A Bicycle Built for You
Serotta brings the art of custom tailoring to the open road.
Funnyman Robin Williams has two. Less funny presidential also-ran John Kerry has four. Rich but not famous Manhattan hedge-fund magnate Ephi Gildor has just flown his helicopter 45 miles up the Hudson River to the town of Central Valley, New York, to get fitted for his very own Serotta—the ultimate custom-built pedaling machine.
Soon after entering Serotta's headquarters, Gildor pronounces himself a hunchback. That's an exaggeration; he's an ex-jock with some curvature in his upper dorsal area. But Paul Levine, who trains Serotta "tailors" nationwide, doesn't miss a beat: "And we're going to build a bicycle for that hunchback."
While the name Serotta may suggest some high-end Italian job, the company is actually a labor of love for the American Ben Serotta. After apprenticing with a master bicycle-frame builder in London, he returned to his hometown, Saratoga Springs, New York, in 1972 to marry traditional craftsmanship with a high-tech approach to customized fit. Most bespoke bike companies will construct a bike from your body measurements the way a Neapolitan clothier sews a tailor-made suit. But for the 150 Serotta dealers across the States (including Levine, with stores in Manhattan and Central Valley), matching more than 3,000 bikes a year to their new owners goes well beyond the tape measure.
First, Levine quizzes Gildor about his riding habits and goals (to compete in his first Ironman triathlon, it turns out). Since Gildor is new to cycling, he doesn't really have a riding style, but a more experienced client could tell Levine whether, for instance, he attacks the hills more like Lance Armstrong, who is often out of the saddle and leaning over the front wheel, or former American great Greg LeMond, who usually slid back in the saddle and grinded away, his weight over the back wheel. (Rumor has it that LeMond won a Tour de France on a Serotta disguised to resemble the bike of one of his sponsors.) Different body weight distribution suggests a different optimal frame shape, or geometry. Levine does know that neophyte Gildor needs a stable, no-surprises ride, which translates to a longer wheelbase and gentler tube angles.
Unlike the off-the-rack racing machine in your local bike shop's window, a Serotta—be it the titanium Legend ($5,500-$7,500), the steel-framed CDA ($3,200-$5,000, depending on the components), or the carbon-and-titanium Ottrott ($8,000-$12,000)—doesn't have a fixed personality. The bike's temperament is what emerges in the fitting stages to suit the body and soul of its rider.
The heart of this process is a test ride on Serotta's trademark SizeCycle. A sophisticated version of a stationary trainer, it measures the power applied to each pedal with every stroke. As Levine adjusts the lengths and angles of the tubes that compose the diamond-shaped frame, as well as the position of the saddle and handlebars, he studies the power readout on the computer monitor to gauge the effect. The more natural Gildor's position, the fewer kinks in his "kinetic chain" of firing muscles, the more watts generated. Levine takes some 18 measurements from what is now a Gildor-tuned SizeCycle and plots them on a spreadsheet, which he'll send to the Serotta factory in Saratoga Springs. In four weeks' time Levine will have the frame, machined to within a millimeter's tolerance of his specs, and he'll build it with the best stuff on the market—Easton or Mavic carbon wheels; top drivetrain, or gruppo, from Shimano or Campagnolo; a Fizik saddle; and Easton carbon handlebars—all positioned for comfort and maximum leg power based on the SizeCycle data. ("How does the saddle feel?" Levine asks. "Pretty good but not like a sofa," Gildor says.) Serotta offers 25 frame colors and 12 decal choices, which you can mix and match to your heart's desire.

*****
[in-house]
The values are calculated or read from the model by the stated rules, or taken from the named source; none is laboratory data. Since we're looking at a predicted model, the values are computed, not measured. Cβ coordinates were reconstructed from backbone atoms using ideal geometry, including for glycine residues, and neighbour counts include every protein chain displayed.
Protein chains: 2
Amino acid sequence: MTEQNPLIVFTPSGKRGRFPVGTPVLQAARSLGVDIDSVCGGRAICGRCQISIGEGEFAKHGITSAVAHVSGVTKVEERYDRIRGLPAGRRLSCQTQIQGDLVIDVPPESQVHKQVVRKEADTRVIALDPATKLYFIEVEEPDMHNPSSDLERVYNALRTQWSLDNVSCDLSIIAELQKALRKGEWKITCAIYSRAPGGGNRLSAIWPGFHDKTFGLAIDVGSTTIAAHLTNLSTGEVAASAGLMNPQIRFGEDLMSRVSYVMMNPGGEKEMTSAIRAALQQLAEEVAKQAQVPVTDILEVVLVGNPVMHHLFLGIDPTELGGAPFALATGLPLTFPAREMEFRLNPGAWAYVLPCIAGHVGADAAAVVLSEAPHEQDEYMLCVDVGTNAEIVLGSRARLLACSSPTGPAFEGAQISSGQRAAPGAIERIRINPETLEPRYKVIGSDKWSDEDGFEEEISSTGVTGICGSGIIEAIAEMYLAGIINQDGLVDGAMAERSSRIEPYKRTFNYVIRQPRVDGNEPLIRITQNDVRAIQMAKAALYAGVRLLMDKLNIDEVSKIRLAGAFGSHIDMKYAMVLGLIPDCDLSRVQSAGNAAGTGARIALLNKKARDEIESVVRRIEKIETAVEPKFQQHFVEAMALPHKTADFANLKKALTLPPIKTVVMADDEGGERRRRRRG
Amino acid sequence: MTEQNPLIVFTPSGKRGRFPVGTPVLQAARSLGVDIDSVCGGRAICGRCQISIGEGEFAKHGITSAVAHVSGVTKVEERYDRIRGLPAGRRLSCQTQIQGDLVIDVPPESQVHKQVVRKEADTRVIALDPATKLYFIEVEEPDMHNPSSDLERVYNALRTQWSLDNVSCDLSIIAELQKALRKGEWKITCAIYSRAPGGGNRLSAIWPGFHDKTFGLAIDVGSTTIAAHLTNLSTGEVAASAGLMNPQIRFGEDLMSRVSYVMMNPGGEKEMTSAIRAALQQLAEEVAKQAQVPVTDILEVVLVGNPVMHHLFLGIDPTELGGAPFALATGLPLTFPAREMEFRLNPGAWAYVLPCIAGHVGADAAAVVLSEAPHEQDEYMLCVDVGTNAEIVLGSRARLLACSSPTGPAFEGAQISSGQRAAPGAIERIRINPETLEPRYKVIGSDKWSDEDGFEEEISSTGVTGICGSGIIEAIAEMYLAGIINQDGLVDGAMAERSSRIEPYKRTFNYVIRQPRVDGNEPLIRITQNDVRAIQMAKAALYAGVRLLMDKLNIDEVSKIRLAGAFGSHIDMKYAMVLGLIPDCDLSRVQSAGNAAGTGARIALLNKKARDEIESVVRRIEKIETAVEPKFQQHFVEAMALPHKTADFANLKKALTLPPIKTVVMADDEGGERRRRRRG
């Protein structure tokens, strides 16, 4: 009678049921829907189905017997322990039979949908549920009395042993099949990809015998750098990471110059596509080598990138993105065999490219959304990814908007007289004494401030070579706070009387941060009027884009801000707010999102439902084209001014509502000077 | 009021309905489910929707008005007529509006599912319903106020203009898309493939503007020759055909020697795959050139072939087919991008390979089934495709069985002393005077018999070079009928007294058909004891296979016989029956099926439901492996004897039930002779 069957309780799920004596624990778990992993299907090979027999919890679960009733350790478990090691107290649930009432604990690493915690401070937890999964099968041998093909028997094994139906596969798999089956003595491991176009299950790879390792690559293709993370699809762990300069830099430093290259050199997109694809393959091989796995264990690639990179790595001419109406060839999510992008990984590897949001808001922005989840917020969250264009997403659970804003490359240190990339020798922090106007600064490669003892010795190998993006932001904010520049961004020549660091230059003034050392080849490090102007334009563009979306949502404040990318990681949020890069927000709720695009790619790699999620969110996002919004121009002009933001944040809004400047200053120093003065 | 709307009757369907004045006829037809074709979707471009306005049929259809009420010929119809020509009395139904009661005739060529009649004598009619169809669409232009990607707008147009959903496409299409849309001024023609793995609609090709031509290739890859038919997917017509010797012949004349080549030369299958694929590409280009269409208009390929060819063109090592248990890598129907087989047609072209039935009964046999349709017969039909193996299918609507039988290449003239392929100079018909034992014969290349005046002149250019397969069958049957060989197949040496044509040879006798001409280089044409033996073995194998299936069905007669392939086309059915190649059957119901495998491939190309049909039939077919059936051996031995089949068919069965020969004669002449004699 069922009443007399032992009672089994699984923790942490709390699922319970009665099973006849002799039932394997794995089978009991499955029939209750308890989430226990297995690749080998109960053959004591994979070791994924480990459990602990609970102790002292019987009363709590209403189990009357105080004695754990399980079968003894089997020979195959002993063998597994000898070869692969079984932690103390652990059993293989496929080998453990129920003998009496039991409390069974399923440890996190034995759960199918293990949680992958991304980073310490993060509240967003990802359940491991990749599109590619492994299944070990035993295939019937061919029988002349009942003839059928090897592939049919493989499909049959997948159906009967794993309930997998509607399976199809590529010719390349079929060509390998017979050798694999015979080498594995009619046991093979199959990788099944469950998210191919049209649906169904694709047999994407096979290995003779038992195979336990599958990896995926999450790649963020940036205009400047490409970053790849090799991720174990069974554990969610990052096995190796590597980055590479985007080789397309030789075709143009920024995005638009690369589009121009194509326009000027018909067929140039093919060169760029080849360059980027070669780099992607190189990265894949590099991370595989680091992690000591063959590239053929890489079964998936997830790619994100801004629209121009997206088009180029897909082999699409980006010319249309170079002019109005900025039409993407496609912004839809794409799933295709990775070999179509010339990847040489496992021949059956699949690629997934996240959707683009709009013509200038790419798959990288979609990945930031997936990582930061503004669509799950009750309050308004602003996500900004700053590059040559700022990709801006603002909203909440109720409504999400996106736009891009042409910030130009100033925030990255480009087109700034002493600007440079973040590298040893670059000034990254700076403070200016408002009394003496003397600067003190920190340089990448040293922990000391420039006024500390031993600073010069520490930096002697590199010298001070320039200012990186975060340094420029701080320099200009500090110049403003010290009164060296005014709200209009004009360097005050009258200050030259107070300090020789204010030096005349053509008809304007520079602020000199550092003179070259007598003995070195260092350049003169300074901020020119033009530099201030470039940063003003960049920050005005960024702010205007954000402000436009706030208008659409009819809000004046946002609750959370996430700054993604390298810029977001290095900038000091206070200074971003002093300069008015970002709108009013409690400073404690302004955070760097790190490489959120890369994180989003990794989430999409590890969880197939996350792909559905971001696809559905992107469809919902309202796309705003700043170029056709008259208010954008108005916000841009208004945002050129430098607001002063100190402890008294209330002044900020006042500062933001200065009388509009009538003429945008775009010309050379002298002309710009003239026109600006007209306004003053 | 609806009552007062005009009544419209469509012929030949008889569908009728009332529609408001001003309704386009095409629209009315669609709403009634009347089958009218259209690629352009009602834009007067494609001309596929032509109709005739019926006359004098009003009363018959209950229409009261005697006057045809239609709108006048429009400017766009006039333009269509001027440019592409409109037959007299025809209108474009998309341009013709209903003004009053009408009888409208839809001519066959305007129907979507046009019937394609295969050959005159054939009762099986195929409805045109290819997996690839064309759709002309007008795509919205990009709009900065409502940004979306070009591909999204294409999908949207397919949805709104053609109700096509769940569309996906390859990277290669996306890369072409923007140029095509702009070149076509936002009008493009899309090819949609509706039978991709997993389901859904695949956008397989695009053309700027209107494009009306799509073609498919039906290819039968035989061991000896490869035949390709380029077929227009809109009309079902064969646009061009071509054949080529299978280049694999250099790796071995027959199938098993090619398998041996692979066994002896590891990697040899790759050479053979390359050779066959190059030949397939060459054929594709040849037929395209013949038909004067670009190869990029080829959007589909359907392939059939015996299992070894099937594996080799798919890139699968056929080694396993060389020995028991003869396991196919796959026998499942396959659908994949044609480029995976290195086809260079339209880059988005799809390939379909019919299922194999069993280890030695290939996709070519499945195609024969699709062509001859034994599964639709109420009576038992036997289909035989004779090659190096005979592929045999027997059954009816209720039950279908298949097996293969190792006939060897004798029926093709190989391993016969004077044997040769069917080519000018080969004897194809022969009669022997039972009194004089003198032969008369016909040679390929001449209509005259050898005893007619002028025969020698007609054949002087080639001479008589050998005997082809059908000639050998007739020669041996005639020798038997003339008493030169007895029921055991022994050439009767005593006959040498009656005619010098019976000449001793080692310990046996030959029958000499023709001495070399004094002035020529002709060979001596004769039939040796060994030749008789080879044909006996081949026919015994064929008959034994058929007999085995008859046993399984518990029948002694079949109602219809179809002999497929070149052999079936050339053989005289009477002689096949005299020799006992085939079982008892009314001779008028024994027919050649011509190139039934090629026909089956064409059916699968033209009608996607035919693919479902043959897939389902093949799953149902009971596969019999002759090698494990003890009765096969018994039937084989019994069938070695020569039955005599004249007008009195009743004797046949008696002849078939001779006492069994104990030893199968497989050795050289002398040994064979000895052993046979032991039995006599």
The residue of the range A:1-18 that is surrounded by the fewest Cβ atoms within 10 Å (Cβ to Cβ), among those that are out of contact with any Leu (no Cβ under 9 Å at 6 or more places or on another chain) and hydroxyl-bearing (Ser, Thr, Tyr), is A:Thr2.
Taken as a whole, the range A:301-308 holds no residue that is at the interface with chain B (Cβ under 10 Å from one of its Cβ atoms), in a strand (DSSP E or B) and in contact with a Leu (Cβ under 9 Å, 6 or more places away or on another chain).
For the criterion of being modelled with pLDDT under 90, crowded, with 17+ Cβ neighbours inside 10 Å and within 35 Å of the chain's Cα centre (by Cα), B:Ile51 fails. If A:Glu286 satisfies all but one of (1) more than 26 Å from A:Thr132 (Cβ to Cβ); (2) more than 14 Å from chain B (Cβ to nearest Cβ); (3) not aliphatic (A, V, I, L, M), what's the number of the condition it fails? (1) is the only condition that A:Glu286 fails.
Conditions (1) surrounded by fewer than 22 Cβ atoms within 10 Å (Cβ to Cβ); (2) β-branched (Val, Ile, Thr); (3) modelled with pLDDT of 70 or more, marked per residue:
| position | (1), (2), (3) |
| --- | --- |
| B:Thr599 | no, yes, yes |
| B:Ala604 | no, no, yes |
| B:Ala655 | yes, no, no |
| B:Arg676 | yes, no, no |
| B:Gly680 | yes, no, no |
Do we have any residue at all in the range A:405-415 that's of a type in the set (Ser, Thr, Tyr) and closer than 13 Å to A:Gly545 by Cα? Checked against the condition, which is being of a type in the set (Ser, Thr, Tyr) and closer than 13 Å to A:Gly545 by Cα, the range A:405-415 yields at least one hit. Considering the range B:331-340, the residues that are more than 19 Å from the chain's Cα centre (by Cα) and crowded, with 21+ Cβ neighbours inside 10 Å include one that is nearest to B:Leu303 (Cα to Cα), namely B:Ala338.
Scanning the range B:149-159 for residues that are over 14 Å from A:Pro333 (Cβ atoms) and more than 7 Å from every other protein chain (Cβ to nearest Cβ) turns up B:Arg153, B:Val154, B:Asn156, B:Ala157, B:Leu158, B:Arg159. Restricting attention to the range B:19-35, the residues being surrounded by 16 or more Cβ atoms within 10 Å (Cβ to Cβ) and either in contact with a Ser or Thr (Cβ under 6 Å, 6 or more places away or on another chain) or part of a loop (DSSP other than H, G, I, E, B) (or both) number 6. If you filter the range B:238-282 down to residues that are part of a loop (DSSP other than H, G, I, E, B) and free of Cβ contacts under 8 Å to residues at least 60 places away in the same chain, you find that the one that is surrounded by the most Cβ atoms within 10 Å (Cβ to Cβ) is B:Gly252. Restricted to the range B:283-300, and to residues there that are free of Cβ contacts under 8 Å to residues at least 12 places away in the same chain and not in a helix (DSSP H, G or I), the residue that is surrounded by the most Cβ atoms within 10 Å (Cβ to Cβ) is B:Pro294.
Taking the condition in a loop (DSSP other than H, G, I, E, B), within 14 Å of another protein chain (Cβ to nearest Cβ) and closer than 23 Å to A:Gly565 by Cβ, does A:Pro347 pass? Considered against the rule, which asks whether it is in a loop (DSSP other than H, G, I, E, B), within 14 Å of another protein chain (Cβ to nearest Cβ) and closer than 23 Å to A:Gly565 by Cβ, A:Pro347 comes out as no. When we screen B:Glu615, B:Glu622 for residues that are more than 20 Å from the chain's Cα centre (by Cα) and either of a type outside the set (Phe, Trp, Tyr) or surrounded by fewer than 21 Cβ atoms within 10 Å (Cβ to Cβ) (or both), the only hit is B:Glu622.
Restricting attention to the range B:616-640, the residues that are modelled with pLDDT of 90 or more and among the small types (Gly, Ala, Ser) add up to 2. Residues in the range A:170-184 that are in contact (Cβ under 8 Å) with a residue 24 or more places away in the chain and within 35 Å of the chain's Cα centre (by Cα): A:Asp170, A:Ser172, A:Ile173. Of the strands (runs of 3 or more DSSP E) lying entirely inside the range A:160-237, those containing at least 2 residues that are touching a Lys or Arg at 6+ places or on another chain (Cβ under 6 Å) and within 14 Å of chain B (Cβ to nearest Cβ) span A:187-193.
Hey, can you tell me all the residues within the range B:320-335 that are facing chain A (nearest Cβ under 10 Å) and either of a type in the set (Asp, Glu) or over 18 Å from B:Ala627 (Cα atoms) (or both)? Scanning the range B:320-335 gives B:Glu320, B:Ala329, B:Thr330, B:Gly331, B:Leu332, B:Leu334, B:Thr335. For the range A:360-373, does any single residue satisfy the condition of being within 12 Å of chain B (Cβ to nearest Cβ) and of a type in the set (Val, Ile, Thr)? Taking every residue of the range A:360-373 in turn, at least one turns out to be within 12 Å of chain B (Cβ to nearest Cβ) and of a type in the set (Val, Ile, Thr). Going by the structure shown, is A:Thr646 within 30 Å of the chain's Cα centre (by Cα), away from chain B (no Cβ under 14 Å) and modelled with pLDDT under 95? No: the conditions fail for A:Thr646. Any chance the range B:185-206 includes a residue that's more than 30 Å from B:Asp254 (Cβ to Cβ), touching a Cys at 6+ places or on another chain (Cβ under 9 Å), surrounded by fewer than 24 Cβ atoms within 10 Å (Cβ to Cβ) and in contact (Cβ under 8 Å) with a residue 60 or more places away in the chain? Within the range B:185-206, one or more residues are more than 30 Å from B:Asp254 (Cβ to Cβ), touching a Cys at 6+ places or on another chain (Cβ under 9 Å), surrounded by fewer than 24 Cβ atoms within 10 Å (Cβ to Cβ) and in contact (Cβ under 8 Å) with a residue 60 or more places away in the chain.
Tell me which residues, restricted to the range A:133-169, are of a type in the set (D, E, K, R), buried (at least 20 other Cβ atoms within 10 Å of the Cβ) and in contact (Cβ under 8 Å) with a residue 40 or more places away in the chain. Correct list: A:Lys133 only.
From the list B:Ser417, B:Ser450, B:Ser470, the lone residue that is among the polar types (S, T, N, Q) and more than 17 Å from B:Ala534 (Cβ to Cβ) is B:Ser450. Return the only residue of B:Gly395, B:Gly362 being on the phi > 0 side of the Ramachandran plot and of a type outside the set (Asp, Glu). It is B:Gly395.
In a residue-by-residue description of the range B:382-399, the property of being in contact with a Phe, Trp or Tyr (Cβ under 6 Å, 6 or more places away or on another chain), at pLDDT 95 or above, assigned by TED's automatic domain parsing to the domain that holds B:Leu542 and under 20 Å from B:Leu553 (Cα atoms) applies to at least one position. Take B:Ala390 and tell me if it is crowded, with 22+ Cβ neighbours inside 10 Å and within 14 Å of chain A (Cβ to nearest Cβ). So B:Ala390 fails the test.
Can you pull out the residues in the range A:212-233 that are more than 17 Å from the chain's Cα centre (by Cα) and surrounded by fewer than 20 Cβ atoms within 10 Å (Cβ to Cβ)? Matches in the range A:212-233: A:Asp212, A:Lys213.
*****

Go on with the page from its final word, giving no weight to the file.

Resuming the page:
This level of customization defines Serotta in an increasingly crowded high-end bike market. Whether produced by larger U. S. companies such as Trek or smaller, more soigné Euro brands such as Colnago or Bianchi, equipment that was once the near-exclusive province of pro racers is now almost de rigueur for the keen recreational cyclist of means. We're talking frames of less than three pounds, made from superstrong, ultralight materials such as carbon fiber and titanium, matched with top-of-the-line gears, brakes, and cranks. The price of admission to this club begins at around $4,000 and maxes out somewhere north of ten.
Now, you can't spend that kind of money and buy a bad bike. But you can roll out of the shop with a bad fit, which amounts to the same thing. Either your body doesn't match an off-the-rack frame size (latenight talk-show host Conan O'Brien, he of the superlong legs, is a Serotta devotee) or the handlebar angle is wrong. You're too high or too low, too stretched out or too cramped. The result is less than optimal performance and, perhaps more important to the noncompetitor, the likelihood of an achy back, a tight neck, sore knees.
A Serotta fitting session can double as a remedial course in Serious Cycling 101. For example, O'Brien went on training rides with Levine to master basics such as pulling the pedals back and up from the six o'clock to the twelve o'clock position using the hamstring and psoas muscles so as to eliminate the "dead spots" in the stroke. Get it right and you're not just pedaling, you're "spinning," which has an almost metaphysical resonance. When Lance is really on form, he'll say he doesn't "feel the chain"—in other words, he's spinning so strongly and smoothly, all sensation of resistance melts away. Doubtless, Levine would like to capture that on a spreadsheet.